Mobile Security Decision-Makers Report BYOD Threats Have Infiltrated Their Organizations

Despite the risk of Bring Your Own Device (BYOD) threats, a new study reveals that fewer than half organizations have implements mobile security.

A new mobile security study finds that the vast majority of organizations that allow employees to BYOD are experiencing high rates of mobile threats, including lost or stolen devices, malware and compromised company data. Conducted by Webroot, a leader in delivering Internet security as a service, the study exposes that the popular trend of allowing employees to use their smartphones and tablets at work is causing a significant drain on IT resources while at the same time putting corporate data at risk.

The study, which focused on mobile security decision-makers in the United States, United Kingdom and Australia, found an overwhelming 82 percent of respondents believe that mobile devices create a high security risk within the corporate environment. Results show that mobile security is a high priority for half of the companies supporting BYOD, equating to increased help desk support and consumption of valuable IT resources. In addition, 45 percent reported lost or stolen devices in the past year and 24 percent experienced mobile malware infections, crippling productivity and potentially compromising company and customer data.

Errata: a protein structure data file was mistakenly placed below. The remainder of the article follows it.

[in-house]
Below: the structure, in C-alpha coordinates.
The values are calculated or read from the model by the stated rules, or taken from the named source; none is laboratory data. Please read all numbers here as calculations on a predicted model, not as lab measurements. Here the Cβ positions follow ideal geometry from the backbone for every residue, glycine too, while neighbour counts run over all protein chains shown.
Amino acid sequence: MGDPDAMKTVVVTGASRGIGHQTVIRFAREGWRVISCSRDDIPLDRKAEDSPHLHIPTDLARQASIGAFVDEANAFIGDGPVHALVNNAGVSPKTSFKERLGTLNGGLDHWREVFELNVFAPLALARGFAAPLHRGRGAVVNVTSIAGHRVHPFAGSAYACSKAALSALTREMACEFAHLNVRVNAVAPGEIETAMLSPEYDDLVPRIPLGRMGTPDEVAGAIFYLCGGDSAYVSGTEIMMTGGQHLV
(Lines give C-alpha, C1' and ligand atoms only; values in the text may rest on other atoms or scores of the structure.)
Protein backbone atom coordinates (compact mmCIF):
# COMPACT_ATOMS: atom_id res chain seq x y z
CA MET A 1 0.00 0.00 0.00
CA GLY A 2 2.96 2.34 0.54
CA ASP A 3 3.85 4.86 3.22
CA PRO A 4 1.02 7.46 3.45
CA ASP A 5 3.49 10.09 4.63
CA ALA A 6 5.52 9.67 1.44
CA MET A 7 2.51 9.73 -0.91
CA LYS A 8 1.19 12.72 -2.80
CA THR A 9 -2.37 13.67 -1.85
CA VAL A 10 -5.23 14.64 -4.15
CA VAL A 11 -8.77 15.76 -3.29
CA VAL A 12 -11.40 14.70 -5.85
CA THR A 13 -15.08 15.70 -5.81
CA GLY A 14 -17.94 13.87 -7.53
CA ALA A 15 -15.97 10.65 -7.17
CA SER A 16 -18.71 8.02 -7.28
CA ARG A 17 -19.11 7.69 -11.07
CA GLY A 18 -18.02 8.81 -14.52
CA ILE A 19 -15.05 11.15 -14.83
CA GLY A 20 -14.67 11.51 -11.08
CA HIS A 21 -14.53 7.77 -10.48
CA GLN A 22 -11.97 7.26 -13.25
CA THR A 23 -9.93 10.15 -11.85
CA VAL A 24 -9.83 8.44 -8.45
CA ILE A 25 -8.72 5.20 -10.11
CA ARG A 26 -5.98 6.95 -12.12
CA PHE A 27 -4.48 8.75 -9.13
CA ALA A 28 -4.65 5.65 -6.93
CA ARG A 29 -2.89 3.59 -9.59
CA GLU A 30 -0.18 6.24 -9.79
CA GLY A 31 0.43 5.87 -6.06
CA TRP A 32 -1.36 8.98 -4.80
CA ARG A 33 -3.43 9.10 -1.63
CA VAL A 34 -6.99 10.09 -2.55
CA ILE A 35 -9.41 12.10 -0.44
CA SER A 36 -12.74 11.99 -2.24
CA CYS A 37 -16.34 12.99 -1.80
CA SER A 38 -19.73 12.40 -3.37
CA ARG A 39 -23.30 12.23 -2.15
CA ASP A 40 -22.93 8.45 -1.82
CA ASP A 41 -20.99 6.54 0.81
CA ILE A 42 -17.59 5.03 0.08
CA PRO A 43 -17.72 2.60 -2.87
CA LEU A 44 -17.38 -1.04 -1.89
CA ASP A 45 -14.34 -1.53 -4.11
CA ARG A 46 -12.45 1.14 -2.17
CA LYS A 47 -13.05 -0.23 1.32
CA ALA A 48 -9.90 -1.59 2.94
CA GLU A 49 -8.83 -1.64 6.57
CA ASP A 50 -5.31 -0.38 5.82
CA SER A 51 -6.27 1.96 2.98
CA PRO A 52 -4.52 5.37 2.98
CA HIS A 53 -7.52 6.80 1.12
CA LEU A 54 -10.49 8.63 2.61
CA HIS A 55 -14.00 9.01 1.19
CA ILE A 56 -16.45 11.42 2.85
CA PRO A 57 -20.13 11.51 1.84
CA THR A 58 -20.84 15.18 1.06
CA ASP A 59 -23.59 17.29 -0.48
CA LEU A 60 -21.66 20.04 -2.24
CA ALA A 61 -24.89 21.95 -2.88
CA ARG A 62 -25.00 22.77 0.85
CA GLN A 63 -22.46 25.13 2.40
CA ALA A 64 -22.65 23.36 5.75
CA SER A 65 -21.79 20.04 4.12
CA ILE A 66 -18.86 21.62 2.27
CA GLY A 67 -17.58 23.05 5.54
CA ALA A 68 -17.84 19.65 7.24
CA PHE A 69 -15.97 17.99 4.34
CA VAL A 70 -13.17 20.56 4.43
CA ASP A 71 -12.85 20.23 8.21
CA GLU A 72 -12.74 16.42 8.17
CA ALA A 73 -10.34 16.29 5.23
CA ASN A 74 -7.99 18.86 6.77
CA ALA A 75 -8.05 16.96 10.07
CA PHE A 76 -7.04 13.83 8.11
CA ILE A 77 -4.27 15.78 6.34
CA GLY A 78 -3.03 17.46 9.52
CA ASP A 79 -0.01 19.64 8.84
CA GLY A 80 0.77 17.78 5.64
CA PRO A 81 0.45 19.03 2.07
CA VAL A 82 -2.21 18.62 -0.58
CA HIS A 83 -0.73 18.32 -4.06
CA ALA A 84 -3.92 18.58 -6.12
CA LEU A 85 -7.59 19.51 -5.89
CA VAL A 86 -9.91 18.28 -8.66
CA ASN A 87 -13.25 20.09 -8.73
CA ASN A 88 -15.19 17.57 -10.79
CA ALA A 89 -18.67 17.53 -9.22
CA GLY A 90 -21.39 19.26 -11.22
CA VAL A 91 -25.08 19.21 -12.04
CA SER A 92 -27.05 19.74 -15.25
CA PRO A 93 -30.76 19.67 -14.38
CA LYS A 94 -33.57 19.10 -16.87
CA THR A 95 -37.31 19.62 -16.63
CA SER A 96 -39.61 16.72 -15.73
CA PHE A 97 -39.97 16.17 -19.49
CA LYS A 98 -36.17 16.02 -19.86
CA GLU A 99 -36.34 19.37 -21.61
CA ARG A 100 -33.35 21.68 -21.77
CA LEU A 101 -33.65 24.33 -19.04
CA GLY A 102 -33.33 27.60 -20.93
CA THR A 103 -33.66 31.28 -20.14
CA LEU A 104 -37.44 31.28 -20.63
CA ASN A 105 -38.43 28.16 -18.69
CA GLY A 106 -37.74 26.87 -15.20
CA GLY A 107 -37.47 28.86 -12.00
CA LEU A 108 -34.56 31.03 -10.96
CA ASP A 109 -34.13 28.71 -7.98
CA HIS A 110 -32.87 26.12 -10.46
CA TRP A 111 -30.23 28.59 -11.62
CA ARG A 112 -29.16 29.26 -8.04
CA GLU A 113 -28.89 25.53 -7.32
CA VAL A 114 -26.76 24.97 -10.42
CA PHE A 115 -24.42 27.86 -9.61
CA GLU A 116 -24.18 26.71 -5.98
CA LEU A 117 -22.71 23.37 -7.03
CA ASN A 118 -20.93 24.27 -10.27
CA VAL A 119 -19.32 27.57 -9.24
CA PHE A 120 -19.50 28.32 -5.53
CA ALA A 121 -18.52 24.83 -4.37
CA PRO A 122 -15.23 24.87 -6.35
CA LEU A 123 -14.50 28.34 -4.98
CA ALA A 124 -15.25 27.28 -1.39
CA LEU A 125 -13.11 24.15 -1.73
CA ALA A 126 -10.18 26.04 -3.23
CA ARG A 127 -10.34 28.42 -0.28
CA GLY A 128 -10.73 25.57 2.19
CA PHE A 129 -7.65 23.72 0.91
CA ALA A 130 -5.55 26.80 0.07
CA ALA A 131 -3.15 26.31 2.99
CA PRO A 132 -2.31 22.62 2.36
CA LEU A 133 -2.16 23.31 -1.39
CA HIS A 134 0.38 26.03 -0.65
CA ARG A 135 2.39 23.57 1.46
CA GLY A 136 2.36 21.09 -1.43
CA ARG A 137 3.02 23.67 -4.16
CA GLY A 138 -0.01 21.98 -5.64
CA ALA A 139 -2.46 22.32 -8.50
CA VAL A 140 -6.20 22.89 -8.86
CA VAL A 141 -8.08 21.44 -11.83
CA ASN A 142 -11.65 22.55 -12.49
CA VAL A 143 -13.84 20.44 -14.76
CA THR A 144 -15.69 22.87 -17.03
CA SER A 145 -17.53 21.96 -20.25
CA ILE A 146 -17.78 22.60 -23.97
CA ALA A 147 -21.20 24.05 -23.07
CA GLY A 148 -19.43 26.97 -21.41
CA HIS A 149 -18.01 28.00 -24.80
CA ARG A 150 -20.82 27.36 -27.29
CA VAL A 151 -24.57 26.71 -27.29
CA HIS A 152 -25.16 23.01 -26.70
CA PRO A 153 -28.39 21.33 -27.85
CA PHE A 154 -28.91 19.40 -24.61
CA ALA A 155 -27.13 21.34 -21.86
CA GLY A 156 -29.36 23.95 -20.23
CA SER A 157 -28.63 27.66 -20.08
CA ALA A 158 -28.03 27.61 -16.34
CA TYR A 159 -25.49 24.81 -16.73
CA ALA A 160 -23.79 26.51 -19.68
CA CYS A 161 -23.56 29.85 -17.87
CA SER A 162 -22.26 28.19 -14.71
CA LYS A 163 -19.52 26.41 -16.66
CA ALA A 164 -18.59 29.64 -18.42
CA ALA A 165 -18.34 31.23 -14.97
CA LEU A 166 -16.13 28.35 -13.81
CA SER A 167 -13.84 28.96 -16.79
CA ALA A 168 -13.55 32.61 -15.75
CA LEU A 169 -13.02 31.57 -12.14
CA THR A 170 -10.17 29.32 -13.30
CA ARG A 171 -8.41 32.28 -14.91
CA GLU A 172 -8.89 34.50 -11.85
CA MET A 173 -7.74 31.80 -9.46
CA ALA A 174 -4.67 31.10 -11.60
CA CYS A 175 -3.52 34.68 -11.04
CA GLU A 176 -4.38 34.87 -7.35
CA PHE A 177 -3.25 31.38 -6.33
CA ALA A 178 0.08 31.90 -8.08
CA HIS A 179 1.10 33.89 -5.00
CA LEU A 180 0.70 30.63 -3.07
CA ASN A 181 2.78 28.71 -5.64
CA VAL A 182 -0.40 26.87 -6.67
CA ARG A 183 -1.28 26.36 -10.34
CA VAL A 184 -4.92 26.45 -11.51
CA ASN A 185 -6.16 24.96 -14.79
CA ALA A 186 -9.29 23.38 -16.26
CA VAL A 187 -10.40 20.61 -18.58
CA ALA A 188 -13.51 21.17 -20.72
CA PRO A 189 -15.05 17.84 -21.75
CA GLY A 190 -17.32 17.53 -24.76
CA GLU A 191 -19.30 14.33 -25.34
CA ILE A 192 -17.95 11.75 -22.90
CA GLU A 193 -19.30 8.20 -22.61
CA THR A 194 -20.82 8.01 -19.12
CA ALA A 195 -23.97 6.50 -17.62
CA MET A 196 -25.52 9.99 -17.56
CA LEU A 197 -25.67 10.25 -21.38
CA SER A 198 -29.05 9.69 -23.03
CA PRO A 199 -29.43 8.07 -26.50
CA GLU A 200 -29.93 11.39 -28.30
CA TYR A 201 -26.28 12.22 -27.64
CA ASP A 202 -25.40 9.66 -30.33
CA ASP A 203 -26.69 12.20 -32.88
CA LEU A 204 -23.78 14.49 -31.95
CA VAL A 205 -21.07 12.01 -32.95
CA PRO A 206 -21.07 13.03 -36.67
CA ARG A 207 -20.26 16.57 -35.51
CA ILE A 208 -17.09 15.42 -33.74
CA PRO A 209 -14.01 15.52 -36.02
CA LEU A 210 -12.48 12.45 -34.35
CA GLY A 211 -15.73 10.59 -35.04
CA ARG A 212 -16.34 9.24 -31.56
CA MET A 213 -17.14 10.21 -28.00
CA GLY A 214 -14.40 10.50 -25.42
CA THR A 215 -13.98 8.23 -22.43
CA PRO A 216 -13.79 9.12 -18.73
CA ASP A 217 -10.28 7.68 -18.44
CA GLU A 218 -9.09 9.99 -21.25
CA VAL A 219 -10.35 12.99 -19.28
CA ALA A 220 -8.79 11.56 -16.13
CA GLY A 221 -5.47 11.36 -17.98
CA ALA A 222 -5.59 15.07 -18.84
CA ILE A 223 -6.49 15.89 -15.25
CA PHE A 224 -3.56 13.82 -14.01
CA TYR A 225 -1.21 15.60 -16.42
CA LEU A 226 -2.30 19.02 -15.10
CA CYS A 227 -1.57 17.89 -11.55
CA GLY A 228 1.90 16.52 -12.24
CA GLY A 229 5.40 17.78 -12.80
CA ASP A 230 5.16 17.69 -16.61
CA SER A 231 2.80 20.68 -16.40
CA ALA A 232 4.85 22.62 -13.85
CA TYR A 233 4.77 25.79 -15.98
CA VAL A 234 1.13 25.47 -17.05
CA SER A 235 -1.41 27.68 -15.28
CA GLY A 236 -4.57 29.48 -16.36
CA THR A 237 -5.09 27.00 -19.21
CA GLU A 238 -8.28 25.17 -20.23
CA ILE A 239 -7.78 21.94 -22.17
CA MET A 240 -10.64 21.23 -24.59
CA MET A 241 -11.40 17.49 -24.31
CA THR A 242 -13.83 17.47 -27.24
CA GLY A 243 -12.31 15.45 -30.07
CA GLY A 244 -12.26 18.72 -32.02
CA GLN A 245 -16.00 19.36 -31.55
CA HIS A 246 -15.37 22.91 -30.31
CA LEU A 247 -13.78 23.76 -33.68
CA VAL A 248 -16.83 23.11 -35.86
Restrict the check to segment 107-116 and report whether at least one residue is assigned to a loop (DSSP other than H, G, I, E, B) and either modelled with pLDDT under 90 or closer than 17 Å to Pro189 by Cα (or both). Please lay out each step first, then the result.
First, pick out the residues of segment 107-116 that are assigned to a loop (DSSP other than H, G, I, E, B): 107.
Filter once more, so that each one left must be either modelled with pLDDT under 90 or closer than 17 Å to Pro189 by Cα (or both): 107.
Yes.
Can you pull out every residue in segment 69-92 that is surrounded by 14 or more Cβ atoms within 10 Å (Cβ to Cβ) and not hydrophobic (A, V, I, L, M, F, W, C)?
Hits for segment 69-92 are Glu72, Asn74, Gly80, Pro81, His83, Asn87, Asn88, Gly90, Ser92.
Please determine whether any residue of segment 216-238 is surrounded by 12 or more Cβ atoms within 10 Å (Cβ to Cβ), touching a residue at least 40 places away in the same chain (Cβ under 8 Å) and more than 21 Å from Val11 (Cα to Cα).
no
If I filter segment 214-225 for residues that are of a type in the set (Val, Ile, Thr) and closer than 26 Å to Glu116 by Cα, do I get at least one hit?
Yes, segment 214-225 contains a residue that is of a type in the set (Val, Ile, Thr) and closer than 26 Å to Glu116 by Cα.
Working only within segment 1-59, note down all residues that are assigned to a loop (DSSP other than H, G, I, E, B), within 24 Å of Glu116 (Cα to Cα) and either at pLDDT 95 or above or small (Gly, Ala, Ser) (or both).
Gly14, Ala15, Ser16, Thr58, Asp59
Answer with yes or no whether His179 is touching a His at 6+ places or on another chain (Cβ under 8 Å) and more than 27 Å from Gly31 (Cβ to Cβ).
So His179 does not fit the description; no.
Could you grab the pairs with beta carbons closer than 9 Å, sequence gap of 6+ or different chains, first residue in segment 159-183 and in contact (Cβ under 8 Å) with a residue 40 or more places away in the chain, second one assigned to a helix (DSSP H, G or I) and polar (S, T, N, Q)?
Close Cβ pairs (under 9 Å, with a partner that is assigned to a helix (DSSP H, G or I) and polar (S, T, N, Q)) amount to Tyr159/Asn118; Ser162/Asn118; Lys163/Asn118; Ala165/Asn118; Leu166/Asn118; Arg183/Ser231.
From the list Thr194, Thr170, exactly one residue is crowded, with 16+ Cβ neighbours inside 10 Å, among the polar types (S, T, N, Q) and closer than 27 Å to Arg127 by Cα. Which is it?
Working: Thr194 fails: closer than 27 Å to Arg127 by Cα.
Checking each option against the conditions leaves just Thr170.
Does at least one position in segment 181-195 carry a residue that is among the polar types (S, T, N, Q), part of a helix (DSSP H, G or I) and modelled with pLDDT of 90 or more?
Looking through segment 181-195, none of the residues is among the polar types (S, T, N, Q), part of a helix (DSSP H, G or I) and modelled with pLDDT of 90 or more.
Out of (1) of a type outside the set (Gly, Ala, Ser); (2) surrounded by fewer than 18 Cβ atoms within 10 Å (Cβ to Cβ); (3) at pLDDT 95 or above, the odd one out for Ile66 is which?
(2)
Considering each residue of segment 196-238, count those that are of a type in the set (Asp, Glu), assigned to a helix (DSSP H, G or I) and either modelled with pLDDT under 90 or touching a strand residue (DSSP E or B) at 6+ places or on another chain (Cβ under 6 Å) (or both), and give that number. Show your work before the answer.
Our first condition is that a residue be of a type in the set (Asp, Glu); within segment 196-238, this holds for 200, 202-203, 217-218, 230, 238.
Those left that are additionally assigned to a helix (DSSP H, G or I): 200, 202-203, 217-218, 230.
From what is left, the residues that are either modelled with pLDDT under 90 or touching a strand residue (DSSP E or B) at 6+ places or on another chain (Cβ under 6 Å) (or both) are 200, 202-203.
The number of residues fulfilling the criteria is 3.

However, larger organizations, those with 500 or more employees, are at even higher risk. According to the study, 67 percent had dealt with lost or stolen mobile devices and 32 percent had experienced mobile malware infections, creating widespread concern about the business impact of employee-owned devices within the enterprise.

Webroot advises that companies take the following steps to reduce the risks associated with BYOD:

1. Establish device control policies: Create a policy that governs how your corporate IT staff can gain control over a personal device while maintaining your network security. Include information about how to keep personal information private (e.g., via a mobile device backup strategy such as containerization that doesn't touch personal data) and define corporate ownership over data and applications.

2. Enforce device-level security: Both corporate-owned and personal devices should have secure passwords and screen locks; document this requirement in your mobile device policies. In addition, require that personal and corporate mobile devices maintain up-to-date, corporate-approved (and preferably corporate-managed) security software installed to guard against malware and other security risks.

3. Develop and deliver mobile workforce security training: Security training will keep your mobile workforce productive and prepared to be the first line of defense against malware and other security threats to their mobile devices. Spell out your corporate policies and include a participant sign-off stating that they understand and will abide by the policies.

4. Let your business drive mobile device security policies and training: Business requirements and culture drive the policies, training and other upfront work you do to support your mobile workforce security needs.

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